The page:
Letter to the editor: Decisions are not made by those who show up
I read your column (“Decisions are made by those who show up”) and felt compelled to comment. I agree it is easy for one to sit in the comfort of one’s living room, read online chatter, and comment in a similar fashion. It takes more effort to attend meetings where voices can be heard. In response to this, let me provide my own personal example, though a sad one.
After expressing concerns over our public utility’s plan to begin spending millions of dollars to install “smart meters” throughout the city, I began contacting elected officials to express my concern, a concern that is actually expressed by many nationwide and even worldwide, including the World Health Organization. Evidently, my concerns were heard by our elected officials, who then informed me of a special time being set aside for residents to bring their concerns to the common council in person at the start of a meeting.
I attended the meeting with many others sharing like concerns. We each had the opportunity to express our opinions and present the idea of an opt-out policy to avoid having such an item placed on our own personal property. It appeared to me that we were being given a chance to present what we believed in front of our elected officials, where they would listen and then discuss these legitimate concerns. What happened immediately after turned my opinion about how our local government is run.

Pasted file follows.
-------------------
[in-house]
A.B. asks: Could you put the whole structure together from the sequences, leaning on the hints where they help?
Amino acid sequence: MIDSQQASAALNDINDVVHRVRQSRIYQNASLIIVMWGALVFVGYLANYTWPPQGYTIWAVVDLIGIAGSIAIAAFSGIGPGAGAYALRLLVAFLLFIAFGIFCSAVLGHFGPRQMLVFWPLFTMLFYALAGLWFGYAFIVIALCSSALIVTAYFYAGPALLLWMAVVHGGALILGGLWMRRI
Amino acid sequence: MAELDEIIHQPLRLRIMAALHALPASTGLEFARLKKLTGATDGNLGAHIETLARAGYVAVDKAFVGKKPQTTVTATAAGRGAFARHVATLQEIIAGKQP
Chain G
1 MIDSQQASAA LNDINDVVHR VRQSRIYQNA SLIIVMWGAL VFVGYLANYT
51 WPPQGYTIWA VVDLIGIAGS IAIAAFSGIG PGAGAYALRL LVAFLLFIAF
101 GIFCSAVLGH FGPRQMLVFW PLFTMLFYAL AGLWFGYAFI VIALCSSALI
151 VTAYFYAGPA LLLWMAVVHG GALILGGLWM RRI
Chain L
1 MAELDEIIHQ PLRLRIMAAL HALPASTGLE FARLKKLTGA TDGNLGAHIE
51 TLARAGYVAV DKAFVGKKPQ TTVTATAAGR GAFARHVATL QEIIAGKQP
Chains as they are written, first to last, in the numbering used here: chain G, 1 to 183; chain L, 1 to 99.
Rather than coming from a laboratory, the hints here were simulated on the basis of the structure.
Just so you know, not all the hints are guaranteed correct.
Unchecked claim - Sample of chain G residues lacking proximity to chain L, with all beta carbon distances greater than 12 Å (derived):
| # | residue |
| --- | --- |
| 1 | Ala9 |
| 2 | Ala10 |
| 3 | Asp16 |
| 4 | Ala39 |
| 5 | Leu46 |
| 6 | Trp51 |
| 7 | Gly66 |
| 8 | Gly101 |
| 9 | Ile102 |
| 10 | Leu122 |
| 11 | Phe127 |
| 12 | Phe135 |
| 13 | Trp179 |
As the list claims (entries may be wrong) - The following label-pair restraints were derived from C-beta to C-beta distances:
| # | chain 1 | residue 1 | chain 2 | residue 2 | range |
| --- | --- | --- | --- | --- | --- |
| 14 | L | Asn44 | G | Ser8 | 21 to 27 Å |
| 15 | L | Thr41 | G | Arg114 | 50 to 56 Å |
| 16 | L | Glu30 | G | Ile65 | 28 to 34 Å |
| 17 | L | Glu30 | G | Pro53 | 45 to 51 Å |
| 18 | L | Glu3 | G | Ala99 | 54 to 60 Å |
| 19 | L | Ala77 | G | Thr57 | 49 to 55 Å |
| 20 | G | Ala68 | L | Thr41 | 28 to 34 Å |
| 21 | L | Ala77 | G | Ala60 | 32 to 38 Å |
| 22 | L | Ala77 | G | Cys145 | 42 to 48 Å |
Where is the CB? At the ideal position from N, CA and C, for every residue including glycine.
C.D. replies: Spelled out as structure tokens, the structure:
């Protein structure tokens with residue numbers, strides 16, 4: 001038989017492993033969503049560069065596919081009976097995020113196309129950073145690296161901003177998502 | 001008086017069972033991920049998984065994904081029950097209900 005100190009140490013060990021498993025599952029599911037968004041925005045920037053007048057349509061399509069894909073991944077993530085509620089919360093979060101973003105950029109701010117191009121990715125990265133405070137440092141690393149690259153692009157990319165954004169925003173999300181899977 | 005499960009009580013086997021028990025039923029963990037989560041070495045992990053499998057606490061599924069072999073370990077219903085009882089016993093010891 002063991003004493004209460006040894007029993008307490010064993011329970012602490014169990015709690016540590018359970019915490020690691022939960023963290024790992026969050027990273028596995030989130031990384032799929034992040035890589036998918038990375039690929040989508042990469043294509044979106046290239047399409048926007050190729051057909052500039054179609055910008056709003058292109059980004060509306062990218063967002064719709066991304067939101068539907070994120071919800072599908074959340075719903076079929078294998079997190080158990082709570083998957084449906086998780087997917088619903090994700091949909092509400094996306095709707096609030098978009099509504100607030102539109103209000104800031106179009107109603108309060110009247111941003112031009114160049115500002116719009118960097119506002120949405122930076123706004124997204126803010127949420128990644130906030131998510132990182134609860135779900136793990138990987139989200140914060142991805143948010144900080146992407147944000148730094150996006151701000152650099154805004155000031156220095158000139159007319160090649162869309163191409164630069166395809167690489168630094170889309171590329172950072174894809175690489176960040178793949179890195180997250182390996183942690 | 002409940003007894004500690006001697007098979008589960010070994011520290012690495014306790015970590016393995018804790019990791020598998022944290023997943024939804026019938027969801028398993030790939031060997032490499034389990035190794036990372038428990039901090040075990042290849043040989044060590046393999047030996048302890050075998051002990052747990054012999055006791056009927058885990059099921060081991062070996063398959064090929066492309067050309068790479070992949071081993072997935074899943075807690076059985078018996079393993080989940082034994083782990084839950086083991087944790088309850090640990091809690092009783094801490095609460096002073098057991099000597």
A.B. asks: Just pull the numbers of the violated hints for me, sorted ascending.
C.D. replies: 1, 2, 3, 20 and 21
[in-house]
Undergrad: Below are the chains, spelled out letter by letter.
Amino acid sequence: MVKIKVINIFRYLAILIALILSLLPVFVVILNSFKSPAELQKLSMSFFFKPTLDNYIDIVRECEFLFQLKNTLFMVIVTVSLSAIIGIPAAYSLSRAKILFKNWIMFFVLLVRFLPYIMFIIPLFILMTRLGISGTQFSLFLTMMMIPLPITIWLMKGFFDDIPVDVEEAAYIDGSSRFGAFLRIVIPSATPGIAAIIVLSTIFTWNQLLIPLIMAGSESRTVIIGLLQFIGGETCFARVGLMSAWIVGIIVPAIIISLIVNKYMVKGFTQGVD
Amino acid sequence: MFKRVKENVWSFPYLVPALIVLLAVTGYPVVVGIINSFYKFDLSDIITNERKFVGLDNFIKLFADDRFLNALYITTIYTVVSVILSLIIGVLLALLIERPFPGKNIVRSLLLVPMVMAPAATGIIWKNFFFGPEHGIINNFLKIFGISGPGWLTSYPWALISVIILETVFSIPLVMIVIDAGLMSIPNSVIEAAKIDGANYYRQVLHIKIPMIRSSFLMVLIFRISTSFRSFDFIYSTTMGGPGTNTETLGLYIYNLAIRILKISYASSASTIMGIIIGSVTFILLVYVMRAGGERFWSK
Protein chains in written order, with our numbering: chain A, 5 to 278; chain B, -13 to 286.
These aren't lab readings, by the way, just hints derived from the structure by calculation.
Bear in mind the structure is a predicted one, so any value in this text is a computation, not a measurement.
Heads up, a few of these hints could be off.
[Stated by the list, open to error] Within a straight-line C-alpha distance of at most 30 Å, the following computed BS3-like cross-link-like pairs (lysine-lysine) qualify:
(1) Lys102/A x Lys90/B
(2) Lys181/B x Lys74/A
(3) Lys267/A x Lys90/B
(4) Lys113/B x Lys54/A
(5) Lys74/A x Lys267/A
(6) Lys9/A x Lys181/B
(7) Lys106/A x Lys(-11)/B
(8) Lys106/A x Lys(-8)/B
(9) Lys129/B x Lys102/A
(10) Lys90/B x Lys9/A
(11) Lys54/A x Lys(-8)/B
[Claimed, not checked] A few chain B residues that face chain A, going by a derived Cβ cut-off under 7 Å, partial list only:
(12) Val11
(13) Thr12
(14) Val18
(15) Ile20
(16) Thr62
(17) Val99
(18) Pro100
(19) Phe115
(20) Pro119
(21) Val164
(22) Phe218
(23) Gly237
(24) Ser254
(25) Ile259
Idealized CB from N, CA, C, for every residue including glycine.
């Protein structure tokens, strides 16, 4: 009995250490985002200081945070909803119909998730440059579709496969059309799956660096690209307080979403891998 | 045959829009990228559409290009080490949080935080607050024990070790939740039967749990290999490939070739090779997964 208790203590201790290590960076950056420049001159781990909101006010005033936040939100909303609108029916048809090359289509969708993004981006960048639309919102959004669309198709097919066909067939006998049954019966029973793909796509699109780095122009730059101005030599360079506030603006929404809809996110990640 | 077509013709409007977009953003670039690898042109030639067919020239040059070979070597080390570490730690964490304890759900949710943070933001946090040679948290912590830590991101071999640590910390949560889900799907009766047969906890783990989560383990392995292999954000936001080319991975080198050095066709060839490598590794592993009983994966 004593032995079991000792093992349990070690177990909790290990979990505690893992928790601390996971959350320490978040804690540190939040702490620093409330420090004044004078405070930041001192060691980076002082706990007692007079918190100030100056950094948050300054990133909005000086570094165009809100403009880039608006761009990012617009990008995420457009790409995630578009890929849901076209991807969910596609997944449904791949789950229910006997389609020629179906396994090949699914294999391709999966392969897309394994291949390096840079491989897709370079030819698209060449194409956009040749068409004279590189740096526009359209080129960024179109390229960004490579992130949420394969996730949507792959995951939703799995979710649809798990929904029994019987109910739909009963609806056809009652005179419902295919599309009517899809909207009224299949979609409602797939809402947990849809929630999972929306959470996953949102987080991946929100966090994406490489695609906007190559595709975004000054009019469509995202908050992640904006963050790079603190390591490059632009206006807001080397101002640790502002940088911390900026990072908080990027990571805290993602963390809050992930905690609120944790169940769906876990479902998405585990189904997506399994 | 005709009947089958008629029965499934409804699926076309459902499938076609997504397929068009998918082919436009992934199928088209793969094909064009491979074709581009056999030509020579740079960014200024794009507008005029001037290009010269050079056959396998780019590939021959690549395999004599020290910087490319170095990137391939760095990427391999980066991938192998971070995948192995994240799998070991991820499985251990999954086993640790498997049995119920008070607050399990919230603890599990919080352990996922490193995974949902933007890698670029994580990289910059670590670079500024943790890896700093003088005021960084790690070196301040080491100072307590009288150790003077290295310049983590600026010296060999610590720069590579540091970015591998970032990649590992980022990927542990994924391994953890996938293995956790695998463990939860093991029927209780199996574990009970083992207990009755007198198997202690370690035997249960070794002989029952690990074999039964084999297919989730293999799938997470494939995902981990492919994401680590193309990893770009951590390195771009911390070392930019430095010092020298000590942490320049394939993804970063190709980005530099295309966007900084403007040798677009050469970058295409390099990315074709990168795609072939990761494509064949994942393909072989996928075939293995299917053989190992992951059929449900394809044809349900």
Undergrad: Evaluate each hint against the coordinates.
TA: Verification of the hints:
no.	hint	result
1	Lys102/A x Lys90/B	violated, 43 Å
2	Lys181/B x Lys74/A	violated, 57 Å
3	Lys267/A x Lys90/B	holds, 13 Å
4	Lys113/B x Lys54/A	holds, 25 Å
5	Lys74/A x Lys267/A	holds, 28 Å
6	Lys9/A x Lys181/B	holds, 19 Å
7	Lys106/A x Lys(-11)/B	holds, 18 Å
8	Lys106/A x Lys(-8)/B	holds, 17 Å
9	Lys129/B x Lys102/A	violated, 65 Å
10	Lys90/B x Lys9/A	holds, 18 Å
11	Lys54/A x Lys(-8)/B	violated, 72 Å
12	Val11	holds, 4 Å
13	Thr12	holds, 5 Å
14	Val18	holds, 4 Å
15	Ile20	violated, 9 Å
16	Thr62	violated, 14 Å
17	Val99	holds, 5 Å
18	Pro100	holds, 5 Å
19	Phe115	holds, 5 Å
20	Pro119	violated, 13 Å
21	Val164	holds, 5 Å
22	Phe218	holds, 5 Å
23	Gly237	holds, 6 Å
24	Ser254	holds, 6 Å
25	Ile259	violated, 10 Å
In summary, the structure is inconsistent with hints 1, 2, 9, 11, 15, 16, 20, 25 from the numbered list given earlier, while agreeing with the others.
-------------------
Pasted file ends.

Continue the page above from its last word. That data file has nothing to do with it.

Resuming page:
Very shortly after hearing our concerns, and without responding to them, a representative of the utility company presented his side. He informed the council that the plans were already made, no opt-out policy would be put in place, and no further discussion would be held. This was then immediately followed by the entire council, except for one or two individuals, agreeing wholeheartedly with the utility company’s spokesperson.
Those who had just spent significant time between preparing their thoughts and then presenting them were essentially told, “We really do not care what you think. We have already made the decision, and we are not going to change our plans.”
Decisions are not made by those who show up. Decisions are made by a few key decision makers, and the rest of us are placated with the appearance of caring by those who have already decided.